How to Use Custom Vacation Rental Agreements with AIRBNB.COM

Christopher Charles

Written by Christopher J. Charles
Special Guest Writer Andy G. Anderson
Provident Law


This column previously discussed how property owners can incorporate a custom vacation rental agreement with the popular vacation rental booking website VRBO™. Now we cover how custom agreements can be used with the other popular vacation rental booking site airbnb.

Well drafted rental agreements help prevent disputes and protect the owner’s legal interests when disputes do arise – especially in regard to vacation rentals. Thoughtful vacation rental agreements provide owners with important safe guards and protections. For example, without an express vacation rental agreement, many vacation rental relationships will be governed by the state’s Residential Landlord Tenant Act and not the Inn Keeper Statutes. For good reason, owners prefer for the relationship to be governed by the Inn Keeper Statutes. See Vacation Rentals and the Super Bowl, October 15, 2014, Excellent vacation rental agreements also establish appropriate Rules and Regulations to help ensure that the renters are respectful of the neighbors and any CC&Rs.

And so, prudent owners should include a custom vacation rental agreement with any online booking, including online bookings with airbnb. As discussed in the above-referenced October article, any vacation rental agreement should at a minimum expressly state that the parties recognize and agree that the agreement constitutes an “innkeeper relationship” and is exempted from the Landlord Tenant Act. Further, the agreement should expressly state that the owner may perform a non-judicial lockout in the event that the guest breaches the agreement or willfully holds over post conclusion of the rental term. And if the property includes a pool or hot tub, the owner needs to include a separate waiver and release of liability.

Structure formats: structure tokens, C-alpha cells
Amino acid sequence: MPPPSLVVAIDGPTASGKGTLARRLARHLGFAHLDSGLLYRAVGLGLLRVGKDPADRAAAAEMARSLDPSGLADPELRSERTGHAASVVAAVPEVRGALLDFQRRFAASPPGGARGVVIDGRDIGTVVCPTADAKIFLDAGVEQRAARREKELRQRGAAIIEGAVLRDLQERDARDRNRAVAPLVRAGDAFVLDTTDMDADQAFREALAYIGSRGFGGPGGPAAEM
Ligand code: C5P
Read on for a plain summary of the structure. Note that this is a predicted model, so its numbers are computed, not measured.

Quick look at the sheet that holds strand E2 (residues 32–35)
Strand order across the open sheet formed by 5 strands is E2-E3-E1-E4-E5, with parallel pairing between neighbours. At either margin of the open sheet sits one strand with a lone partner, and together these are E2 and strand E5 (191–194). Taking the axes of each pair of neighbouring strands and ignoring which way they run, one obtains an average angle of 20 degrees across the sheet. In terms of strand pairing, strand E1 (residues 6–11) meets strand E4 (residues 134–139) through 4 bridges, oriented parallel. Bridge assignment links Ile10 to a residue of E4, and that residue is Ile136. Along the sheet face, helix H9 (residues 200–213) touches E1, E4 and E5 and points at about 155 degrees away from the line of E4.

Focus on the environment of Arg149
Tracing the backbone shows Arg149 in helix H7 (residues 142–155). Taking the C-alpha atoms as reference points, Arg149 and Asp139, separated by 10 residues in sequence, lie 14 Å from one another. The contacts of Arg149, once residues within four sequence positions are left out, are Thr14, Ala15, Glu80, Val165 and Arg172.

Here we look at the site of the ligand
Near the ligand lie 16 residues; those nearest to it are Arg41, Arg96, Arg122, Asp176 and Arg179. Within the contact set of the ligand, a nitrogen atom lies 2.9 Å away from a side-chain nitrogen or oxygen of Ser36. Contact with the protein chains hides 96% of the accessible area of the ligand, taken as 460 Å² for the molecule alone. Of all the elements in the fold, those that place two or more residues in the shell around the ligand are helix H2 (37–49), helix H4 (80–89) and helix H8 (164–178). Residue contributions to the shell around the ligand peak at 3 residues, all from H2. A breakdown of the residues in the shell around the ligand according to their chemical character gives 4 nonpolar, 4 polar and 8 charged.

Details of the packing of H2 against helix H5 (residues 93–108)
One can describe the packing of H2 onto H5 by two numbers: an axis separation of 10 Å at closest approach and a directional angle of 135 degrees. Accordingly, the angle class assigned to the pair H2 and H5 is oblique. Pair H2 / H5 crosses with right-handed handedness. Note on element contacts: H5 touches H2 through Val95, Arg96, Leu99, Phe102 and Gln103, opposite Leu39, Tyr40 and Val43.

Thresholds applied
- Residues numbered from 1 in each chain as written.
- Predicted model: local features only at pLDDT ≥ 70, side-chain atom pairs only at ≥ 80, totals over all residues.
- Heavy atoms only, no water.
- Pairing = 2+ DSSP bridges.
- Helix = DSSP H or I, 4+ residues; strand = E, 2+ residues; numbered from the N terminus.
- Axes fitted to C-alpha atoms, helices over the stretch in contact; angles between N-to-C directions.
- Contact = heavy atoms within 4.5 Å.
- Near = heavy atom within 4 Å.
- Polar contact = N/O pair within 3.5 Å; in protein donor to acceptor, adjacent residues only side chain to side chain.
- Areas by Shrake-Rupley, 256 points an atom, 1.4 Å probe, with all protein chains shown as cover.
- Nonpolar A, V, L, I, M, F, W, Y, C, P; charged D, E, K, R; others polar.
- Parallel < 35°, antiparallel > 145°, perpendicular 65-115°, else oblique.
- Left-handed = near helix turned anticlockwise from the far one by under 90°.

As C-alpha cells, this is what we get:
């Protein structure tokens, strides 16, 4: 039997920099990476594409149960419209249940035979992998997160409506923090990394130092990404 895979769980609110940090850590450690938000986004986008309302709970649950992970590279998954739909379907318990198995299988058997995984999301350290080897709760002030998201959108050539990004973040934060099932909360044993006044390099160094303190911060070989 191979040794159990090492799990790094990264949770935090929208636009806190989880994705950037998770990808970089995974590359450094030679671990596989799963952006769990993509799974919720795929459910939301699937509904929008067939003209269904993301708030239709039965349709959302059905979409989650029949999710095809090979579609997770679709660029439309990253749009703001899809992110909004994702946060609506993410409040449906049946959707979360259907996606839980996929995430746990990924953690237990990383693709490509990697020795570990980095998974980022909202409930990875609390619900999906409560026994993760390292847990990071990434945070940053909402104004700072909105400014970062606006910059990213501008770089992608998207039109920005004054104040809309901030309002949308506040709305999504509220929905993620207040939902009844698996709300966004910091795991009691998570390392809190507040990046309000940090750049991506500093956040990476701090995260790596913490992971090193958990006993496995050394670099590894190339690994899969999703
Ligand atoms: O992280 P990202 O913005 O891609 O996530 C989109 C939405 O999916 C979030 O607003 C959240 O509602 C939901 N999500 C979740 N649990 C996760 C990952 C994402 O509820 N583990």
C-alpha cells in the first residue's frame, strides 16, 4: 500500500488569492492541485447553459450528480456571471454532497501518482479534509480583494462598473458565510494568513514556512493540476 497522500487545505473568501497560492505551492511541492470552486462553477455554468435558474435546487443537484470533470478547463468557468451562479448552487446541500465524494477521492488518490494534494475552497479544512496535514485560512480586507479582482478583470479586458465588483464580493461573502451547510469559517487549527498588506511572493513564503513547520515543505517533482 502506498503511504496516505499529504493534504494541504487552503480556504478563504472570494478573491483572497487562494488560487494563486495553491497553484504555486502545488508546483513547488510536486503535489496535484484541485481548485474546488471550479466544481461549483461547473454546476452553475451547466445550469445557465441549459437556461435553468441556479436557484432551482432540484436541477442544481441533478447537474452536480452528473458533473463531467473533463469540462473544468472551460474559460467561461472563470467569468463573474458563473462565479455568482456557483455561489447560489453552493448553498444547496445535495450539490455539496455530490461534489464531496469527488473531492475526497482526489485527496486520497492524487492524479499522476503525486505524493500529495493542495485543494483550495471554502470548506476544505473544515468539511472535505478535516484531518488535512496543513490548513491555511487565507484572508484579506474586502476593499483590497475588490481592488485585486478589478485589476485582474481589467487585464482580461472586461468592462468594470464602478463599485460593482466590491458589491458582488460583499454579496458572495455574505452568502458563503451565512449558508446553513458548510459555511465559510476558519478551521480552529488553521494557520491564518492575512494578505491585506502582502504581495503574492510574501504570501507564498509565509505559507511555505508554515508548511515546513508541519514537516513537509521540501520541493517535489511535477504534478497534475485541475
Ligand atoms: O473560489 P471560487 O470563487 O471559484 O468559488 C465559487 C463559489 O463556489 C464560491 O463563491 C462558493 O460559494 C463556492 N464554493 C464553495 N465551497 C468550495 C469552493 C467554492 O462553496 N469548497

A. Airbnb Allows Owners to Utilize a Custom Vacation Rental Agreement.

Contrary to popular belief, property owners (referred to as “hosts” by airbnb) can require guests to submit to additional terms and conditions prior to booking on the website.

First, as a practical matter, owners should disclose in the “property listing description” that there are additional terms, along with any additional steps needed to execute the contract. Airbnb suggests that hosts simply “copy-and-paste the terms in the message thread” with the guest. Otherwise, owners should consider separately sending a comprehensive agreement that the guest can sign with an electronic signature, via a convenient online service such as DocuSign. This allows owners to strengthen their legal protection while maintaining ease-of-use, which is one hallmark of airbnb.

Owners should utilize a custom vacation rental agreement based upon their particular property, considering that all properties and communities are unique. Avoid stock agreements and one-size-fits-all solutions.

For example: Airbnb does not process taxes. And the municipality in your jurisdiction may impose taxes on certain short-term rentals. For example, the City of Scottsdale assesses a Transient Tax Rate of 5.0%. In that case, in addition to the 1.65% privilege tax on rental of real property, there is a 5.0% transient lodging tax on any hotel, motel, apartment, or individual charging for lodging space to any person for 29 days or less. An owner in that situation should specify in the agreement that such amounts are also included in the rate.